CM . . .
. Volume XI Number 5 . . . . October 29, 2004
An Ojibway boy hears the call of the Loon. He knows it is the bird of Indian legends.
He hears the Loon's cry again. He sits down beside the rippling water and stares into it.
He remembers the story of long ago - a place where only the Elders go, Moon Lake Loon Lake.
During the distant time, in a distant forest, lies a remote northern lake where only the Elders go, Moon Lake Loon Lake.
The moon radiates light, and the stars glow in the calm still night.
The moon casts night shadows onto the dark, glassy water of the majestic birds where only the Elders go, Moon Lake Loon Lake.
Tall ancient trees entwine their branches sheltering the sacred place.
Except for the soft dipping of a wing rippling the water, it is tranquil.
It is a peaceful, restful place where only the Elders go, Moon Lake Loon Lake.
In the introduction to Where Only the Elders Go, the reader is told that this is a the story of a boy who hears the call of the loon, a sound which reminds him of stories of Mishomis or "Grandfather." In the story-within-a-story, Mishomis sits down to reflect on his life. It is a time "to think, a time to listen, a time to remember." He sees himself as a boy, then as a man, and finally as a man who has passed through time, who has learned wisdom, who has practiced wisdom and shared his wisdom well. It is now time for him to leave it behind and move on, just as the loon leaves her offspring when they have learned all that she can give.
With this straightforwardness and simplicity, award-winning author Jan Bourdeau Waboose passes on the wisdom of her Native heritage, and she, too, shares her wisdom well via the story of the cycle of life in a understated wisdom utilizing a lyrical text that lulls the reader, just as waves upon the shore of the mythical lake.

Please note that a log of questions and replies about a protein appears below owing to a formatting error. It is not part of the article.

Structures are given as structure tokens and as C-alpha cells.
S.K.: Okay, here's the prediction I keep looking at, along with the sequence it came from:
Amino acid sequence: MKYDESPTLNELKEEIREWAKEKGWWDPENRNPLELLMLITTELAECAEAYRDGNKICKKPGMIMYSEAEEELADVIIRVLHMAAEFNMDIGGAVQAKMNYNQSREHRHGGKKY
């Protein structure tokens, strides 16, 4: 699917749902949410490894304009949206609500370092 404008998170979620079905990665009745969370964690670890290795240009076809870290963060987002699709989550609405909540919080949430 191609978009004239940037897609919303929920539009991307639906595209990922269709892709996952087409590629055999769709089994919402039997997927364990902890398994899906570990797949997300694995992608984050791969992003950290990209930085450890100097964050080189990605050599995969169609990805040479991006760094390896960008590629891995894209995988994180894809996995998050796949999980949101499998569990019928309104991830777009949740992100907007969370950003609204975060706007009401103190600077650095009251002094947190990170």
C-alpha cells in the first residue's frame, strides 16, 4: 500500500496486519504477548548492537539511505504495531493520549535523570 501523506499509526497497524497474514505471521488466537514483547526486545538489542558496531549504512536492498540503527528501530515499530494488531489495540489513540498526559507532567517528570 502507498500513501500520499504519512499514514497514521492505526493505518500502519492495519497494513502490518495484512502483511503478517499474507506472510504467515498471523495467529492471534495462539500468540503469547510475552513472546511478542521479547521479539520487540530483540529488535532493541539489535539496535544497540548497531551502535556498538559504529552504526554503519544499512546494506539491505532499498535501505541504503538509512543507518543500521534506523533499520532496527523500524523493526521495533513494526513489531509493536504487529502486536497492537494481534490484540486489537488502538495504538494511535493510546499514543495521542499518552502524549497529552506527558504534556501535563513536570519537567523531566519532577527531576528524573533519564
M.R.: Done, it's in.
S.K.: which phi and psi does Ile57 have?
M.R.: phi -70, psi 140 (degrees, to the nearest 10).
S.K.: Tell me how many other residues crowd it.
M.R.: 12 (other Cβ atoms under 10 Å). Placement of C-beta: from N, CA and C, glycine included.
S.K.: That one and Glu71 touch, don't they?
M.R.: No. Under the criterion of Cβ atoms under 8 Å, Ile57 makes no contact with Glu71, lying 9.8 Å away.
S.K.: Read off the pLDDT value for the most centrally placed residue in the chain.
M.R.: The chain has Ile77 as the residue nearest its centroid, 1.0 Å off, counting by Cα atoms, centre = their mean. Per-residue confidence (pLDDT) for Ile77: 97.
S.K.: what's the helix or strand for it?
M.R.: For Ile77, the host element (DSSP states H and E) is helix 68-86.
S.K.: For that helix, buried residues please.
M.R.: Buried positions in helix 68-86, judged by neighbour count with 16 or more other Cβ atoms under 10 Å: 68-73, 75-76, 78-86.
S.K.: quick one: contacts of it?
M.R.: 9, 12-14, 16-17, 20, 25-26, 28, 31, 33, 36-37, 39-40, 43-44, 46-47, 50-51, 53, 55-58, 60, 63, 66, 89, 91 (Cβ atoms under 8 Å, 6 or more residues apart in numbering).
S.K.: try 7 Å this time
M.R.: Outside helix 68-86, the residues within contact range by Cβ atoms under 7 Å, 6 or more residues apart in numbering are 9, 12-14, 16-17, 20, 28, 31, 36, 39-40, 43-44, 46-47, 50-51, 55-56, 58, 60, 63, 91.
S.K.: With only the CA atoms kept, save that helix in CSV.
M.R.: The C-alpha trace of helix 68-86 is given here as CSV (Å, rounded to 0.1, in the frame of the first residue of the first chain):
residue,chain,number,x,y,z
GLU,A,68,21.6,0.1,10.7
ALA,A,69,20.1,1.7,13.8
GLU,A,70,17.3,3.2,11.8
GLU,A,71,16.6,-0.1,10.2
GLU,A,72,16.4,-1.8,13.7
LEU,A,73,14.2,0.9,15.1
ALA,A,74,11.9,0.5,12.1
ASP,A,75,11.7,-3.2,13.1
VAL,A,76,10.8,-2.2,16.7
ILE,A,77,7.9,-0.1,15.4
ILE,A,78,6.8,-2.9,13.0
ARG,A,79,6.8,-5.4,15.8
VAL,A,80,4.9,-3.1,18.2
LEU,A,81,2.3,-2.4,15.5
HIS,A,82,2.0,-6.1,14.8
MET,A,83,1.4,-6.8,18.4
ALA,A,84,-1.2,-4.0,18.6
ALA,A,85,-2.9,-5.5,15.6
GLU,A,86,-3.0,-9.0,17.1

As the Elder prepares to leave the physical world, he is surrounded by nature and feels life all around him. He looks up to see a swoosh of wings and feathers while the sound of the loon is "a mellow song in the Elder's ears. It whispers like a dream. The Elder lies down and closes his eyes. He lets his spirit go, peacefully. Where only the Elders go, Moon Lake Loon Lake." This is not a raging against the light, but a peaceful surrender that is all the more moving because of the implicit acceptance.
Halina Below's soft-focus watercolours complement the story beautifully. While the illustrations of the young boy dance with vibrant rainbow colours, those telling the Elder's story are in soft blues and greens that have a timelessness quality about them. Her portrait of Mishomis is particularly captivating as Mishomis seems to gaze directly at the reader with meaning and wisdom in his expression.
This is the second edition, the first having been published in a different format in 1994. Where Only the Elders Go is a Canadian Children's Book Centre Choice and with good reason. It is beautiful and wise.
Liz Greenaway has worked in bookselling and publishing and lives in Edmonton, AB.
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Copyright © the Manitoba Library Association. Reproduction for personal
use is permitted only if this copyright notice is maintained. Any
other reproduction is prohibited without permission.
Copyright © the Manitoba Library Association. Reproduction for personal use is permitted only if this copyright notice is maintained. Any other reproduction is prohibited without permission.